British businesses consider offshore relocation

Businesses Pondering

An official report commissioned by HMRC has discovered that one in five, around 20 percent, of big British businesses have considered a foreign relocation to avoid the current tax regime.

The report was compiled by TNS-BMRB, who found that businesses were growing disillusioned by the increasing amount of red-tape. Leading accountants UHY Hacker Young analysed the report and reached a conclusion that businesses were ultimately disappointed with HMRC and its apparent lack of transparency.

Roy Maugham, a senior partner at UHY Hacker Young, spoke to The Telegraph of the impact that such departures would have on the government and the economy: “If only a small fraction of those companies that have considered relocating did relocate abroad it would decimate the UK's tax revenues. Whilst the Treasury might feel that deficit reduction means it cannot cut business taxes too quickly there is also a risk to the UK's finances from having a tax system that is uncompetitive compared to places like Ireland. UK companies feel that they are the goose that has been well and truly plucked by HMRC and the Treasury.”

The report was originally commissioned during the Labour Party’s tenure, and since then the Coalition Government has attempted to reassure British companies by declaring that “Britain is open for business”.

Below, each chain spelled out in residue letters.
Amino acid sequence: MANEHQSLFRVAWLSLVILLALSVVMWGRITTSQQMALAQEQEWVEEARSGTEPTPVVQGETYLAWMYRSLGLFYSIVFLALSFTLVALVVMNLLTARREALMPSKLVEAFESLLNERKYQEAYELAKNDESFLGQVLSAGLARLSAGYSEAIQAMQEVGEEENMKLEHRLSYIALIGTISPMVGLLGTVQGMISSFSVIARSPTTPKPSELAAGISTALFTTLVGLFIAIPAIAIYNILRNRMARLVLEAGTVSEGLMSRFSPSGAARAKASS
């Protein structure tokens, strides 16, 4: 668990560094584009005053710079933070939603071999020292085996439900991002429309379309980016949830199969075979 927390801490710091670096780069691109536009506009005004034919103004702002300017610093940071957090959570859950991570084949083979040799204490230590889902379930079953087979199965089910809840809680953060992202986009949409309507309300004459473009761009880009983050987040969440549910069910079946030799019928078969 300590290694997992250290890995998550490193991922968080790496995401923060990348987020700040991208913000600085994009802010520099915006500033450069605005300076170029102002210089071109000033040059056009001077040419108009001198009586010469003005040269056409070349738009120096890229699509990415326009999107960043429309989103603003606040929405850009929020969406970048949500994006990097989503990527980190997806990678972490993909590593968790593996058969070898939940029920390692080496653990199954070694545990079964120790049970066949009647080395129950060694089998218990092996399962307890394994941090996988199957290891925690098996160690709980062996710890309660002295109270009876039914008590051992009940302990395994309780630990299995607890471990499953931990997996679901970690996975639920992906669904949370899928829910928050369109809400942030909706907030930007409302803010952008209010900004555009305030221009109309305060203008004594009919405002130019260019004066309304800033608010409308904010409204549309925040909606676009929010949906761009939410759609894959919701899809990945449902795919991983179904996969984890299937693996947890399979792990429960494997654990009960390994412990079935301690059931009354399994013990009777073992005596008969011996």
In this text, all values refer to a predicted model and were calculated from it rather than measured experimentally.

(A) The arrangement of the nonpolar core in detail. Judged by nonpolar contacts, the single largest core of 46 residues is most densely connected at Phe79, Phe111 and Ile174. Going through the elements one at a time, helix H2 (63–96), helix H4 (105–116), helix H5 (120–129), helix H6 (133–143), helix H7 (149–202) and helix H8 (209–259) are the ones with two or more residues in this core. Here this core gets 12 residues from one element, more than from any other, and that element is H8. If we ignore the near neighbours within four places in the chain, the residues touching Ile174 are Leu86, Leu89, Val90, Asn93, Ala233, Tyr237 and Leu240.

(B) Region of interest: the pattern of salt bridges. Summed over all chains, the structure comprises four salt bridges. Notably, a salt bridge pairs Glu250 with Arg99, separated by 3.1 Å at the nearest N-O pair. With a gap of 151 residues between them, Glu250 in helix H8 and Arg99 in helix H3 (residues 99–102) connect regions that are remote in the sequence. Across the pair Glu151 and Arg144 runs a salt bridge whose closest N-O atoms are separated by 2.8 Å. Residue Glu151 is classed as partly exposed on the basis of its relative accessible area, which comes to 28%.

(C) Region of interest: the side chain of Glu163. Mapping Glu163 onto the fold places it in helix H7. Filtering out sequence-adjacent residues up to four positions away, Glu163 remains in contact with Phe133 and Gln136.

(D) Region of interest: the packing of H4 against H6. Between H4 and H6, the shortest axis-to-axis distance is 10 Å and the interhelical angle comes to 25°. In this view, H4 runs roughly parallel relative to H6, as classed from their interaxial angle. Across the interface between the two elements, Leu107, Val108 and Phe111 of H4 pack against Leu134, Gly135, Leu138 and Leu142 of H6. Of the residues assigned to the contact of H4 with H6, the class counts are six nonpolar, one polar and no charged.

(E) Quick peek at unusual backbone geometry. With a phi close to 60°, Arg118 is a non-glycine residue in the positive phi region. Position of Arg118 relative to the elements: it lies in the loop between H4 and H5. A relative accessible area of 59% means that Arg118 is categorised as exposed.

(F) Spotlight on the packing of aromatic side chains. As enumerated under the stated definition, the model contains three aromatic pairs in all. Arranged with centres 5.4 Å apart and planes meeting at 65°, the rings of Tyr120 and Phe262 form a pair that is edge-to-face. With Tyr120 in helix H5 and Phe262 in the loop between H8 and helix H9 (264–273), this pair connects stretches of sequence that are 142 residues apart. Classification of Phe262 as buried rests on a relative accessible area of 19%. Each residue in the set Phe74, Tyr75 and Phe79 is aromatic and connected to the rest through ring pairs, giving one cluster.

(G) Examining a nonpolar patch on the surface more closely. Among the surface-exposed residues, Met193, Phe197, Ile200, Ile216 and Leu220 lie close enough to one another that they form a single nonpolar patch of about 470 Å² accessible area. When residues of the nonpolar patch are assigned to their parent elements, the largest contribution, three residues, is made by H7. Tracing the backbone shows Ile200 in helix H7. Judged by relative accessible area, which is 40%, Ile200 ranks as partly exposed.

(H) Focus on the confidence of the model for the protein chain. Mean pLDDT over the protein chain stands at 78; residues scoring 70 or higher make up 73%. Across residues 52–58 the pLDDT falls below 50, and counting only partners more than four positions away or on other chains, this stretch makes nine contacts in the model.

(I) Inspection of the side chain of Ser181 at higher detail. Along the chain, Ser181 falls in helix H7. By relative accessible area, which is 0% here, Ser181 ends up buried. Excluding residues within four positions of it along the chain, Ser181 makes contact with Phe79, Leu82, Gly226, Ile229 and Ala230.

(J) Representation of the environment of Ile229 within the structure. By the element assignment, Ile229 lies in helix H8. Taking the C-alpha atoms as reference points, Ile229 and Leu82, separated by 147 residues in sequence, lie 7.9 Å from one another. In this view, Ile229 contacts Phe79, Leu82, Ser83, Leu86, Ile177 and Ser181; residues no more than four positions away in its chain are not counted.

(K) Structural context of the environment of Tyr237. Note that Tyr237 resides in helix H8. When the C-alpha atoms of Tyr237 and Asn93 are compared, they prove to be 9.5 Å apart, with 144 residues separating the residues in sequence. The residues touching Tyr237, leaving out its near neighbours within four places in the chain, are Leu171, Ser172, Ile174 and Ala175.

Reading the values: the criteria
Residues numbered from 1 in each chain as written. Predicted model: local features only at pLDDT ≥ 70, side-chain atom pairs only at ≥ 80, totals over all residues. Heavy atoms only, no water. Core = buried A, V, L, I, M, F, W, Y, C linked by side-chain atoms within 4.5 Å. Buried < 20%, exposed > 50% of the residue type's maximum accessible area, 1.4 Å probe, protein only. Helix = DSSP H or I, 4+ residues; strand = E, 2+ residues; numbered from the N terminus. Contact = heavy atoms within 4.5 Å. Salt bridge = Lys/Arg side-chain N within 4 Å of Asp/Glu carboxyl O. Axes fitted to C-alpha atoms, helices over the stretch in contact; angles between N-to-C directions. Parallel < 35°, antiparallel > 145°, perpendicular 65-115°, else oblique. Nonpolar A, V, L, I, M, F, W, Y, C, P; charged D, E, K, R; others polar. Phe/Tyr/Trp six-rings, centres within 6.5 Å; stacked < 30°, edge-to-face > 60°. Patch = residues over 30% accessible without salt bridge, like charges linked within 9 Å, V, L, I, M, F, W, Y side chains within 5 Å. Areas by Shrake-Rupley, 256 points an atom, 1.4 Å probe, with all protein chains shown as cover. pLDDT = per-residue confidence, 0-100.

The Government has sought to alleviate concerns, yesterday the Treasury issued a statement: “The Chancellor has said he wants Britain to be open for business and for the private sector to drive the UK's economic recovery. That is why the June Budget announced a cut in corporation tax for a million businesses, a national insurance holiday for start-ups and a new office of tax simplification to make the UK a more attractive and simpler place to do business.”

According to UHY Hacker Young 30 percent of businesses feel that HMRC’s tax systems are too restrictive and actually reduce competition amongst UK businesses. The amount of businesses who were satisfied with HMRC was 36 percent, which is 13 percent less than in 2008.

Mr Maugham, added: “This is a poor result as you would expect that HMRC would want to provide large companies with a blue-ribboned treatment. However, these results show businesses are increasingly dissatisfied with the way the tax system and HMRC is working.”